Katsushiro Soho

BIO/CV

Living National Treasure of Japan
b. 1934, Kuroiso, Tochigi Prefecture, Japan

Education
  • 1949

    Apprenticed to Kikuchi Yoshitada for 6 years

  • 1955

    Became independent

  • 1965

    Studied under Yagisawa Keizo for 2 years


Exhibitions & Accolades
  • 1967

    Admitted to Eastern Japan Traditional Craft Arts Exhibition for the first time (thereafter admitted 33 times and served as a judge 7 times)
    Winner of Japan Traditional Craft Arts Association Chairman’s Award and Encouragement Award

  • 1968

    Admitted to Japan Traditional Craft Arts Exhibition for the first time (thereafter admitted 30 times and served as a judge several times)
    Attained artist’s name “Soho”
    Studied under Saito Bunseki for 5 years

  • 1972

    Became full member of the Traditional Craft Arts Association
    Winner of the Excellence Award at the Japan Flower Vase & Tea Ceremony Utensils Art & Craft Exhibition
    Admitted to Japan Traditional Craft Arts Wood and Bamboo Exhibition for the first time (thereafter admitted 7 times and served as a judge several times)

  • 1973

    Exhibited at Tochigi Artists Show (for 4 consecutive years)

  • 1974

    Admitted to Northern Kanto Art Exhibition (3 times)

  • 1977

    Exhibited by invitation at Tochigi Art Now Exhibition

  • 1980

    Became a judge at Musashino Traditional Craft Arts Exhibition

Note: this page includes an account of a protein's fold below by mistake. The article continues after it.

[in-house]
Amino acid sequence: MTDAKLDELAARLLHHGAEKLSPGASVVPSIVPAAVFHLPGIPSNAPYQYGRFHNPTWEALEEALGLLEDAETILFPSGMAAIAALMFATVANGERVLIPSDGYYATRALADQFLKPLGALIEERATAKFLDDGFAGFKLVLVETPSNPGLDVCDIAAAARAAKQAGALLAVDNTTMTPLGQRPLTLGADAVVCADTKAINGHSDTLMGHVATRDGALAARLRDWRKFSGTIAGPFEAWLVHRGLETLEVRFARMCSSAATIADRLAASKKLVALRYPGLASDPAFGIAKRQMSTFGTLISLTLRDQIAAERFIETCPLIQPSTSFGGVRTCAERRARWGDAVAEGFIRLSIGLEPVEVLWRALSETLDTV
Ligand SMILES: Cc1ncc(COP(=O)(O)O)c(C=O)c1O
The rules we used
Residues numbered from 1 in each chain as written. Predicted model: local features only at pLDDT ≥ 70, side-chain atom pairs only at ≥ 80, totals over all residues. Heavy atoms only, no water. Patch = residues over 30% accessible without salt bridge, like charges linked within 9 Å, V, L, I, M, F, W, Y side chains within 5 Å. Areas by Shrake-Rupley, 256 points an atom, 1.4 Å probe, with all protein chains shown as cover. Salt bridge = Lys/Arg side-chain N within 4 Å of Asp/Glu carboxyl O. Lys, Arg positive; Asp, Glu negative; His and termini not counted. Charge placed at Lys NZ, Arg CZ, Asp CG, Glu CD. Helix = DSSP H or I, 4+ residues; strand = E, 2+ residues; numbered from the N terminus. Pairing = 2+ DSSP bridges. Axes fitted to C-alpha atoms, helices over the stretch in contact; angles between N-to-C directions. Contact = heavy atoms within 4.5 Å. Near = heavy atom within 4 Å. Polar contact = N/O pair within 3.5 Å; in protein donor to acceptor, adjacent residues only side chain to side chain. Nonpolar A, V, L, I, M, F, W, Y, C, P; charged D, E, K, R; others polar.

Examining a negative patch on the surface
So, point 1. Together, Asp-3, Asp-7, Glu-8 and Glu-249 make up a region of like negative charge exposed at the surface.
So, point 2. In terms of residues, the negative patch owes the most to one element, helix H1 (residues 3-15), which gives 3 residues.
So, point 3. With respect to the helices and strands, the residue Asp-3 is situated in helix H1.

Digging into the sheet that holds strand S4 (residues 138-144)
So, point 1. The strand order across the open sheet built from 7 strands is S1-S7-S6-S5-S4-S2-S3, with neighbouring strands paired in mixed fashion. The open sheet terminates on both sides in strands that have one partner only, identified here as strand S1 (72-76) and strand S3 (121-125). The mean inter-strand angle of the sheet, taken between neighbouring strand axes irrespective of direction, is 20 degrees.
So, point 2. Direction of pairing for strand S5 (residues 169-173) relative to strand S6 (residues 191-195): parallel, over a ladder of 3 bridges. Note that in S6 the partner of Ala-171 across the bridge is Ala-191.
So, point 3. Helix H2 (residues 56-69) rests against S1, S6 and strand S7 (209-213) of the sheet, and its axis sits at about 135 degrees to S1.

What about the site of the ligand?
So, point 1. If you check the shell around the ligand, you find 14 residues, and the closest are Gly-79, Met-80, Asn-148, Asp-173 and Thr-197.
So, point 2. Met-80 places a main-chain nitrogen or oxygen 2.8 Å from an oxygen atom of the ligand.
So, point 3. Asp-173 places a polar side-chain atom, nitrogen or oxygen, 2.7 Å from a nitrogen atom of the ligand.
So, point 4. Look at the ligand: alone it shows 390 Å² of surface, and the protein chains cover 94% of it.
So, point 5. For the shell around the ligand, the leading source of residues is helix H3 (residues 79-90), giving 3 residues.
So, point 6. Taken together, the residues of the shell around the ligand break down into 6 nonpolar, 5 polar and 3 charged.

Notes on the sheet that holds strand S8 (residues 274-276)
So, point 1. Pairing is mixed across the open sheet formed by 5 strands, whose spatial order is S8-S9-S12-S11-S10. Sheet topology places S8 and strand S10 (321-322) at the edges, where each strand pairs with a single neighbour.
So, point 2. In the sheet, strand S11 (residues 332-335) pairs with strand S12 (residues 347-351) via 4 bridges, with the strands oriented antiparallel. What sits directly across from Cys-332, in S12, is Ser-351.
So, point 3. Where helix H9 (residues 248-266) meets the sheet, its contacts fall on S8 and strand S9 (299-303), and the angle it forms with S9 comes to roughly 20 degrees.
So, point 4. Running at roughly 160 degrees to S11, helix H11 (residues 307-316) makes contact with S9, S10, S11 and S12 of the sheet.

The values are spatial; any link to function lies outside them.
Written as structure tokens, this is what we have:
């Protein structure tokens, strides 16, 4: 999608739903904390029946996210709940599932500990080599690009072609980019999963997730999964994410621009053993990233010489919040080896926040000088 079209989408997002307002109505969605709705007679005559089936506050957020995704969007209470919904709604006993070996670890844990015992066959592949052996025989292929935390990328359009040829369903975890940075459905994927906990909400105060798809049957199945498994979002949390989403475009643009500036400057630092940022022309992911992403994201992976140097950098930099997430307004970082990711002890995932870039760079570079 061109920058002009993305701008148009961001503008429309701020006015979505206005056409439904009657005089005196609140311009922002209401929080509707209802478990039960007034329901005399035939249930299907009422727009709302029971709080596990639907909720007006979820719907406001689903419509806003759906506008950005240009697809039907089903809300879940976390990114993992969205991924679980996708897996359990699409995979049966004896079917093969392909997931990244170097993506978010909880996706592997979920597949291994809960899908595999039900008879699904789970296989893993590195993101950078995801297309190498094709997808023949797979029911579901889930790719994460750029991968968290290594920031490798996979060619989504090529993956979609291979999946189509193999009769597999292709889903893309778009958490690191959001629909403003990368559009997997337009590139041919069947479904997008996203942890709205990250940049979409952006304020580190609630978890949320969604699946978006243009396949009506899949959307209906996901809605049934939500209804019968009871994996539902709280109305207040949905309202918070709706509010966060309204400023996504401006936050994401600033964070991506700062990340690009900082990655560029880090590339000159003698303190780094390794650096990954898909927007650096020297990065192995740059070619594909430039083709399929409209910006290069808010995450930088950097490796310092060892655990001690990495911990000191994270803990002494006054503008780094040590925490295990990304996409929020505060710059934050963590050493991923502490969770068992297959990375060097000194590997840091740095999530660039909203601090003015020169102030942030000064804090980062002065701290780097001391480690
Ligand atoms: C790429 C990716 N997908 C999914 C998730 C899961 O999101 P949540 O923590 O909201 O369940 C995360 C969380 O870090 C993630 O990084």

• 1981

    Winner of Tochigi Art Festival Award

  • 1983

    Winner of Tokyo Governor’s Prize at Japan Traditional Craft Arts Exhibition

  • 1984

    Exhibited by invitation at the Japan Traditional Craft Arts 30th Anniversary exhibition, Living National Treasure – Thirty Years of the Development of Traditional Crafts

  • 1985

    Modern Bamboo Craft Arts: Development in Modern Times (the first major exhibition of this art at the National Museum of Modern Art, Tokyo). The exhibit piece Keiryu (Torrent) – namichidori weaving – was purchased by the museum.

  • 1988

    Exhibited by invitation at Tochigi Artists 88
    Exhibited at Japanese and American Basket Makers, Chicago – the exhibit piece, Yoroke Yotsume-ami Hanakago (Staggering Square Plaiting Flower Basket) was purchased by First National Bank

  • 1989

    Admitted to Kanazawa Craft Great Award Competition 89 for the first time
    Assisted Iizuka Shokansai (Living National Treasure) at Training Seminar for successors for two years

  • 1992

    Senshu ami Kikyo-mon Morikago (Thousand Line Plaiting Balloon Flower Pattern Basket) purchased by Nishinasu City Folk Museum

  • 1990

    Seika Flower Basket Midsummer Flower Basket purchased by Tochigi Prefectural Art Museum

  • 1994

    Exhibited by invitation at Asahi Contemporary Craft Arts Exhibition

  • 1995

    Solo Exhibition at Nasunogahara Harmony Hall, Second Gallery
    Judge at 10th National Cultural Festival – Tochigi 95

  • 1997

    Winner of NHK Chairman’s Prize at Japan Traditional Craft Arts Exhibition

  • 1998

    Awarded Order of Academic and Artistic Merit by Japanese Government

  • 1999

    Bamboo Masters, Asia Society, New York, NY

  • 2000